Rep. Roybal-Allard Celebrates Coast Guard Intention to End Live Tissue Training
Congresswoman Lucille Roybal-Allard (CA-40) celebrated U.S. Coast Guard Commandant Admiral Paul Zukunft’s indication that the Coast Guard would end the use of live tissue training, in which live animals are shot, stabbed, and ultimately euthanized as a means of medical instruction for Coast Guard personnel. At Thursday's House Homeland Security Appropriations Subcommittee hearing, Congresswoman Roybal-Allard, the subcommittee's Ranking Democrat, questioned the commandant about the Coast Guard's review of alternatives to live tissue training. In his response to the congresswoman, the commandant said of live tissue training, “I found that quite honestly abhorrent in terms of meeting our mission requirements. So we will move to a simulation.” He added, “It'll be the right thing to do to prepare our Coast Guard members who may be deployed to theaters where they may encounter traumatic injuries.”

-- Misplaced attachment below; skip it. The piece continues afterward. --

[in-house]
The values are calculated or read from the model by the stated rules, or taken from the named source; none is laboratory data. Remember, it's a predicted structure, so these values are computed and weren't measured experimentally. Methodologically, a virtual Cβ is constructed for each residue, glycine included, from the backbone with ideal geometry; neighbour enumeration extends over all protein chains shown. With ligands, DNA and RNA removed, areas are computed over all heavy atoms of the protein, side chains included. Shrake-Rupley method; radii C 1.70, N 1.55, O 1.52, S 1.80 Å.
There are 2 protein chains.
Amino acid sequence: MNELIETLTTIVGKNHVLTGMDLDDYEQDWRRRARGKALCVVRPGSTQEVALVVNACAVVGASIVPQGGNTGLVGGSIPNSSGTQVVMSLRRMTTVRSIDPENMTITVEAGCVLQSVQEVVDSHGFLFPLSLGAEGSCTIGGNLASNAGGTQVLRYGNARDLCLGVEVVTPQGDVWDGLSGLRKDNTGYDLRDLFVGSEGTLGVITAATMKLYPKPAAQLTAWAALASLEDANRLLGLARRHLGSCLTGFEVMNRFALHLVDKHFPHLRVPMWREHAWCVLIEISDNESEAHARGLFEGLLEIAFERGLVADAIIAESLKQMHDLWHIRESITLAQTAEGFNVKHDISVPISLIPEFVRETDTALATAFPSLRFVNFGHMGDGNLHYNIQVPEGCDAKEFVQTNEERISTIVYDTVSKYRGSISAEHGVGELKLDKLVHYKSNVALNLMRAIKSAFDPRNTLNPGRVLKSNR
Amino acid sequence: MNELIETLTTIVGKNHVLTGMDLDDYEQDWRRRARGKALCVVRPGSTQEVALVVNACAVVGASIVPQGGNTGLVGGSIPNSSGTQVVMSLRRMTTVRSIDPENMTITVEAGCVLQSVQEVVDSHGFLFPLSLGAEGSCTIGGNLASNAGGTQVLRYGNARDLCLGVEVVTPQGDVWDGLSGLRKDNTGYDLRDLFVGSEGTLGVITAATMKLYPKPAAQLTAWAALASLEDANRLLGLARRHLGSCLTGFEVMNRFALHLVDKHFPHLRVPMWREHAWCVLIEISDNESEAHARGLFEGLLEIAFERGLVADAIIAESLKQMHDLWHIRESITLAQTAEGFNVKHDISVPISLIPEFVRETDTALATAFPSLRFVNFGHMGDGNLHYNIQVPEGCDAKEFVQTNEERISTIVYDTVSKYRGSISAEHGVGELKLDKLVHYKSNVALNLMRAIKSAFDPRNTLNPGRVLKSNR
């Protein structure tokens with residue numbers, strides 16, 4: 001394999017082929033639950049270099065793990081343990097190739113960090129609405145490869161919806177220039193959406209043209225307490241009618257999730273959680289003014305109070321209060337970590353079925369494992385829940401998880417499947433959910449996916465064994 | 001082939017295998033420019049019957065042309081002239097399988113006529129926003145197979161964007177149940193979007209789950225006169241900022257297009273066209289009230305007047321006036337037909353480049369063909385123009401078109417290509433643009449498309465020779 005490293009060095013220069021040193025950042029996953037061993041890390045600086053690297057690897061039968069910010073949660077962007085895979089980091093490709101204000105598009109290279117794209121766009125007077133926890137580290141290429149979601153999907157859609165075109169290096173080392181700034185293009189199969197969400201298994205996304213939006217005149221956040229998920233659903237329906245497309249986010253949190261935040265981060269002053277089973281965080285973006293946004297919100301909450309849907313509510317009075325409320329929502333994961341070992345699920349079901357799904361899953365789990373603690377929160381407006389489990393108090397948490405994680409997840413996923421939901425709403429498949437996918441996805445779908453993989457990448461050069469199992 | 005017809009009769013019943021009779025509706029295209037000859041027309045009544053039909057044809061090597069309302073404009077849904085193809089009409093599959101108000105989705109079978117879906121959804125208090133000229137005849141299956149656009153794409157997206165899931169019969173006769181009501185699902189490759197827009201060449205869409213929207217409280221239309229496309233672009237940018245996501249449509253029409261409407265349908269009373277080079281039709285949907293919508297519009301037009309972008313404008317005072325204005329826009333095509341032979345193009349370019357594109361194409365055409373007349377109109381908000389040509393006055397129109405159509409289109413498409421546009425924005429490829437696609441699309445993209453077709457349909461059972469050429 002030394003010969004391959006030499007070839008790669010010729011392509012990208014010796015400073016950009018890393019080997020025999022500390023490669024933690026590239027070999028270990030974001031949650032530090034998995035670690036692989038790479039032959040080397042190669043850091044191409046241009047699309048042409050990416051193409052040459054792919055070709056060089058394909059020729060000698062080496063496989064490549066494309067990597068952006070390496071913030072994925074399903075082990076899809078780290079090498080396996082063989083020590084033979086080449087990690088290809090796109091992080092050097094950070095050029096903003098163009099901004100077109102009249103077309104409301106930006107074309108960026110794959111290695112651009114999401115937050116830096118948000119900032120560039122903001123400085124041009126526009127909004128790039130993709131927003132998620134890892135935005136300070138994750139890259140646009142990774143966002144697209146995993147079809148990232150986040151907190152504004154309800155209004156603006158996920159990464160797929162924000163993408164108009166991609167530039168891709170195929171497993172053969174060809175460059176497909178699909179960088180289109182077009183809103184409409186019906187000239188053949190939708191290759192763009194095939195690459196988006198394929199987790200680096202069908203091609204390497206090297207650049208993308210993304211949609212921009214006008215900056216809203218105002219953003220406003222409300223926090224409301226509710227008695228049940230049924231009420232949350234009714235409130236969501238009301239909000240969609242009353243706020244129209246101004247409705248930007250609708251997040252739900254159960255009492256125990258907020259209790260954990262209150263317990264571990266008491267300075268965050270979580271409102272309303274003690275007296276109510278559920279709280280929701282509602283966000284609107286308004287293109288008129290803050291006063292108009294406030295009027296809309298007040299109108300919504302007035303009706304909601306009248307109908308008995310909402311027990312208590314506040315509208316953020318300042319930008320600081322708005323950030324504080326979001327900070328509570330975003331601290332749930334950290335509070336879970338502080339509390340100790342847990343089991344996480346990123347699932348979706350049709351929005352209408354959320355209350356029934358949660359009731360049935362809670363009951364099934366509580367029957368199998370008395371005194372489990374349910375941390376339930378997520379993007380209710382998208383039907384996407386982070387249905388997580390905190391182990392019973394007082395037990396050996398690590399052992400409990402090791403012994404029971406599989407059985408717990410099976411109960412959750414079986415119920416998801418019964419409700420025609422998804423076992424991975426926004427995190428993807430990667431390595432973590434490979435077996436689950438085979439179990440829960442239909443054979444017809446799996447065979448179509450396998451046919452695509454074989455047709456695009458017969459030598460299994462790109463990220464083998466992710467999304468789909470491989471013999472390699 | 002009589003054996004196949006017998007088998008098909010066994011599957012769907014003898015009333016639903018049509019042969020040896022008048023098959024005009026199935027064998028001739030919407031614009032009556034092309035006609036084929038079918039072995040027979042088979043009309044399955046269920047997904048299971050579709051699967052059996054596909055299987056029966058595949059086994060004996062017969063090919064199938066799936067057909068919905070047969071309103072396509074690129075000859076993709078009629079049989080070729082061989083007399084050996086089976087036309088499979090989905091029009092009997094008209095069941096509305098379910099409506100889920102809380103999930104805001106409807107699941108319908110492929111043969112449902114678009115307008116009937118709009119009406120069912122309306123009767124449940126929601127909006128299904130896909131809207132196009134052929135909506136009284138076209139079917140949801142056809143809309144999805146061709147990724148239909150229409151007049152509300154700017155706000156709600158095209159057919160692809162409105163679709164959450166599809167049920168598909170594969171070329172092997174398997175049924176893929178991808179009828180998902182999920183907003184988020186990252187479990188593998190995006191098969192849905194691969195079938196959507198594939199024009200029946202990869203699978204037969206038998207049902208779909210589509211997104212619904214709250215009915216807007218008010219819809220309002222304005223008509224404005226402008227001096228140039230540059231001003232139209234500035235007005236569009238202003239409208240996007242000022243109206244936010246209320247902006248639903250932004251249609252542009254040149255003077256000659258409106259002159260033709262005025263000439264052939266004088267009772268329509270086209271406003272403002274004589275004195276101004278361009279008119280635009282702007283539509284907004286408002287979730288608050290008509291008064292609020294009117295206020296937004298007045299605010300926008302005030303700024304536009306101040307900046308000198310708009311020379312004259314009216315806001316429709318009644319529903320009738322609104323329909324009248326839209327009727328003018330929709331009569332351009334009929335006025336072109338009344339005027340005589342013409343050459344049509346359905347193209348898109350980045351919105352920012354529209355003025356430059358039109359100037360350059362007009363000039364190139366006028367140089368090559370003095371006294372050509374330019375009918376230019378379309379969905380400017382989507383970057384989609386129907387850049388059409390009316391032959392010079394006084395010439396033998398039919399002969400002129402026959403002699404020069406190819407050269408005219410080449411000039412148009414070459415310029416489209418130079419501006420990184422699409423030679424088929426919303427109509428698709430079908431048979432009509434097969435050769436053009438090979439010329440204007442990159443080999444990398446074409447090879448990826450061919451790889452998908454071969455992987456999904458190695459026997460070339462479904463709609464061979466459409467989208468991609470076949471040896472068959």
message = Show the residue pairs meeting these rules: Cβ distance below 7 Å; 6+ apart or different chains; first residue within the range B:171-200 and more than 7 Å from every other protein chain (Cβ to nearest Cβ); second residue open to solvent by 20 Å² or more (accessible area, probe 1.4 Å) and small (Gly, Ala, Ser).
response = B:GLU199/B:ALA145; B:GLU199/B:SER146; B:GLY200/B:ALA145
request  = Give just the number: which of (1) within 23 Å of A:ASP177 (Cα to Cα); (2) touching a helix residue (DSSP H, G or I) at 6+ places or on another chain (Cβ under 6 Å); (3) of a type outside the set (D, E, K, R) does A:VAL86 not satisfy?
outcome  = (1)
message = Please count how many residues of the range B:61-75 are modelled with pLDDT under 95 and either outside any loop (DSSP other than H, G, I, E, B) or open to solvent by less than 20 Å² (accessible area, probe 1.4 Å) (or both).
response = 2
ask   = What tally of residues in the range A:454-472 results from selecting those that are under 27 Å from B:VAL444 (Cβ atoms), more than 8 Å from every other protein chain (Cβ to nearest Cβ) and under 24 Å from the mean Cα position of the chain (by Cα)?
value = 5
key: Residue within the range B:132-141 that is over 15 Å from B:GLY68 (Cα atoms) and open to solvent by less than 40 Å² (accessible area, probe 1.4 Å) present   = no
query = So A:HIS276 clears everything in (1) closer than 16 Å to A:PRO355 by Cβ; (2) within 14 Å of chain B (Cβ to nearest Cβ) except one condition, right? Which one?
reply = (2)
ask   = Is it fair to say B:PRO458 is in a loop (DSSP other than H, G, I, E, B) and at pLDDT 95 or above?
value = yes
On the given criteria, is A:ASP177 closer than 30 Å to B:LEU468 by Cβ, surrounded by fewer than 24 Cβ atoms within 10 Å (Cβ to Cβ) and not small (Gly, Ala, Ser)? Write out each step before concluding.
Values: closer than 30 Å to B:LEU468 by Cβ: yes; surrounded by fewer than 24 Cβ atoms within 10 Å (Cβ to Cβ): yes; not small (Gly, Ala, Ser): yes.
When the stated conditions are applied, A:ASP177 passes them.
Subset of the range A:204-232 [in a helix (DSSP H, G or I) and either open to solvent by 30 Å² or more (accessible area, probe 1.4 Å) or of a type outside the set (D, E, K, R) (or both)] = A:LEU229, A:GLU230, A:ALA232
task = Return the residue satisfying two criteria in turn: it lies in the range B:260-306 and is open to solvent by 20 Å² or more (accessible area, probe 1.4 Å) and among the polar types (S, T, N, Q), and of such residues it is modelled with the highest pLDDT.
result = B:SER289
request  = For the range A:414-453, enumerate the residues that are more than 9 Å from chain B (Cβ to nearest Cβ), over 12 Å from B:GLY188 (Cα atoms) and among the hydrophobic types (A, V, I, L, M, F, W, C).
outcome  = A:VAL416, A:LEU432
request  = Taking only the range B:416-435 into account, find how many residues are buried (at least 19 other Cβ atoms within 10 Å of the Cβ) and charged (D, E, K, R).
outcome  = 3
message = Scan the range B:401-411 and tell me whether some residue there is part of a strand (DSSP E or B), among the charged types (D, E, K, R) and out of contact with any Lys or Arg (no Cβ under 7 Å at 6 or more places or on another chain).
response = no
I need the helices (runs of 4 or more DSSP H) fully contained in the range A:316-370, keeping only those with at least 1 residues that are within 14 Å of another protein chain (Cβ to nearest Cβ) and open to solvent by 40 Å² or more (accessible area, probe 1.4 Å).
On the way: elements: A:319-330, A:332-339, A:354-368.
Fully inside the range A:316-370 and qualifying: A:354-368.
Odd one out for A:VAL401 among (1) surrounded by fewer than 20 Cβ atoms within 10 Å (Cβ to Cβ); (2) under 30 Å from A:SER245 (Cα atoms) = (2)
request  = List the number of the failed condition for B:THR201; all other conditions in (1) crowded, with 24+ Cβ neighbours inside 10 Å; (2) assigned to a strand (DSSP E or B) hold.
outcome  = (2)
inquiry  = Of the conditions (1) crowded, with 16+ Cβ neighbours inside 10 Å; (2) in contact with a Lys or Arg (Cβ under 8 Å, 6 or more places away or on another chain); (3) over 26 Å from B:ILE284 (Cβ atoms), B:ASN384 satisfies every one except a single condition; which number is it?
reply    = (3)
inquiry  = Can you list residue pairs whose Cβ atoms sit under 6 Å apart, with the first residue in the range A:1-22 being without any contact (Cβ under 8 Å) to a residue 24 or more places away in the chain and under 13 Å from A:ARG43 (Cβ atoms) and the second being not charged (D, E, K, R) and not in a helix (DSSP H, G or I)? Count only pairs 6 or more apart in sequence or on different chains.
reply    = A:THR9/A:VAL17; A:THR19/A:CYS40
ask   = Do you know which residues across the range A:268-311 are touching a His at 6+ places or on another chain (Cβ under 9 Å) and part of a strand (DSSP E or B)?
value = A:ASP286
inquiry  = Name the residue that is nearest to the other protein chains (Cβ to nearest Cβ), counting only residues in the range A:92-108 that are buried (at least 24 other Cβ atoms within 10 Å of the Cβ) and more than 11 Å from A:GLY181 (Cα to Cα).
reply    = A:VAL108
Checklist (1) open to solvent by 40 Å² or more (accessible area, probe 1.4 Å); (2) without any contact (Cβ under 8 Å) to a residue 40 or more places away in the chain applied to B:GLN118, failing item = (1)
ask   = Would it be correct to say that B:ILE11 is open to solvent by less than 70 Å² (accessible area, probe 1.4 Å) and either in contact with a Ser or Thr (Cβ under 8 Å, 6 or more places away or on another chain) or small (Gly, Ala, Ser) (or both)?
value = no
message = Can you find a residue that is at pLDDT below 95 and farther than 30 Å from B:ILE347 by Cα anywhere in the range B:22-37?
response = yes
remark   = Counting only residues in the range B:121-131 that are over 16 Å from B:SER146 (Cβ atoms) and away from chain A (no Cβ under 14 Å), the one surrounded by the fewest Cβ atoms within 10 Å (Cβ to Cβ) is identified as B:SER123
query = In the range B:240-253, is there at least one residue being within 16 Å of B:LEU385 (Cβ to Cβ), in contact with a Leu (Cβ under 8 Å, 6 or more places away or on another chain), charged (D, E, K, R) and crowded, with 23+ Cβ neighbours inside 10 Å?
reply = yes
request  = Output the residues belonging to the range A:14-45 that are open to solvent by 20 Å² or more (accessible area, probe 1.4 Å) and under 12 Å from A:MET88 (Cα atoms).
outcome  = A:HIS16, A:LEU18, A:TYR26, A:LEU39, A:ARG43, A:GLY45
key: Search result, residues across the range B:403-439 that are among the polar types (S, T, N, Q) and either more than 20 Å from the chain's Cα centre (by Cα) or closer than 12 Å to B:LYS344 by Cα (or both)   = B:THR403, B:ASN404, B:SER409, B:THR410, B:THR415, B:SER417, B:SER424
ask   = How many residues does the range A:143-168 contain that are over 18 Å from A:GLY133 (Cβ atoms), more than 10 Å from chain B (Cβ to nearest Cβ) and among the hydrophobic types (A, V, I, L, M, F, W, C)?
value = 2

“I am overjoyed and deeply gratified that Admiral Zukunft has indicated he will end the Coast Guard’s use of live tissue training,” said Congresswoman Roybal-Allard. “Shooting and stabbing live animals for the sake of medical training is a cruel and unnecessary practice. State-of-the-art interactive human simulators will be a less costly and more effective way of teaching how to provide humans with emergency medical care. I look forward to working with the Coast Guard as they transition to a simulator-based system of medical training.”
The congresswoman has been one of Congress’ leading advocates of ending live tissue training in the Coast Guard. In April, she wrote an op-ed for The Hill in which she described the cruelty, costliness, and ineffectiveness of live tissue training, and announced the Coast Guard had told her that it had suspended the use of live tissue training as it conducted a six-month review of alternative methods of medical instruction, such as interactive human simulators.
“We salute Rep. Lucille Roybal-Allard, a leader with insight and heart, who understands that progress involves respect for animals as well as for those men and women of the Coast Guard whose lives depend on modern simulation-based training,” said People for the Ethical Treatment of Animals (PETA) President Ingrid Newkirk.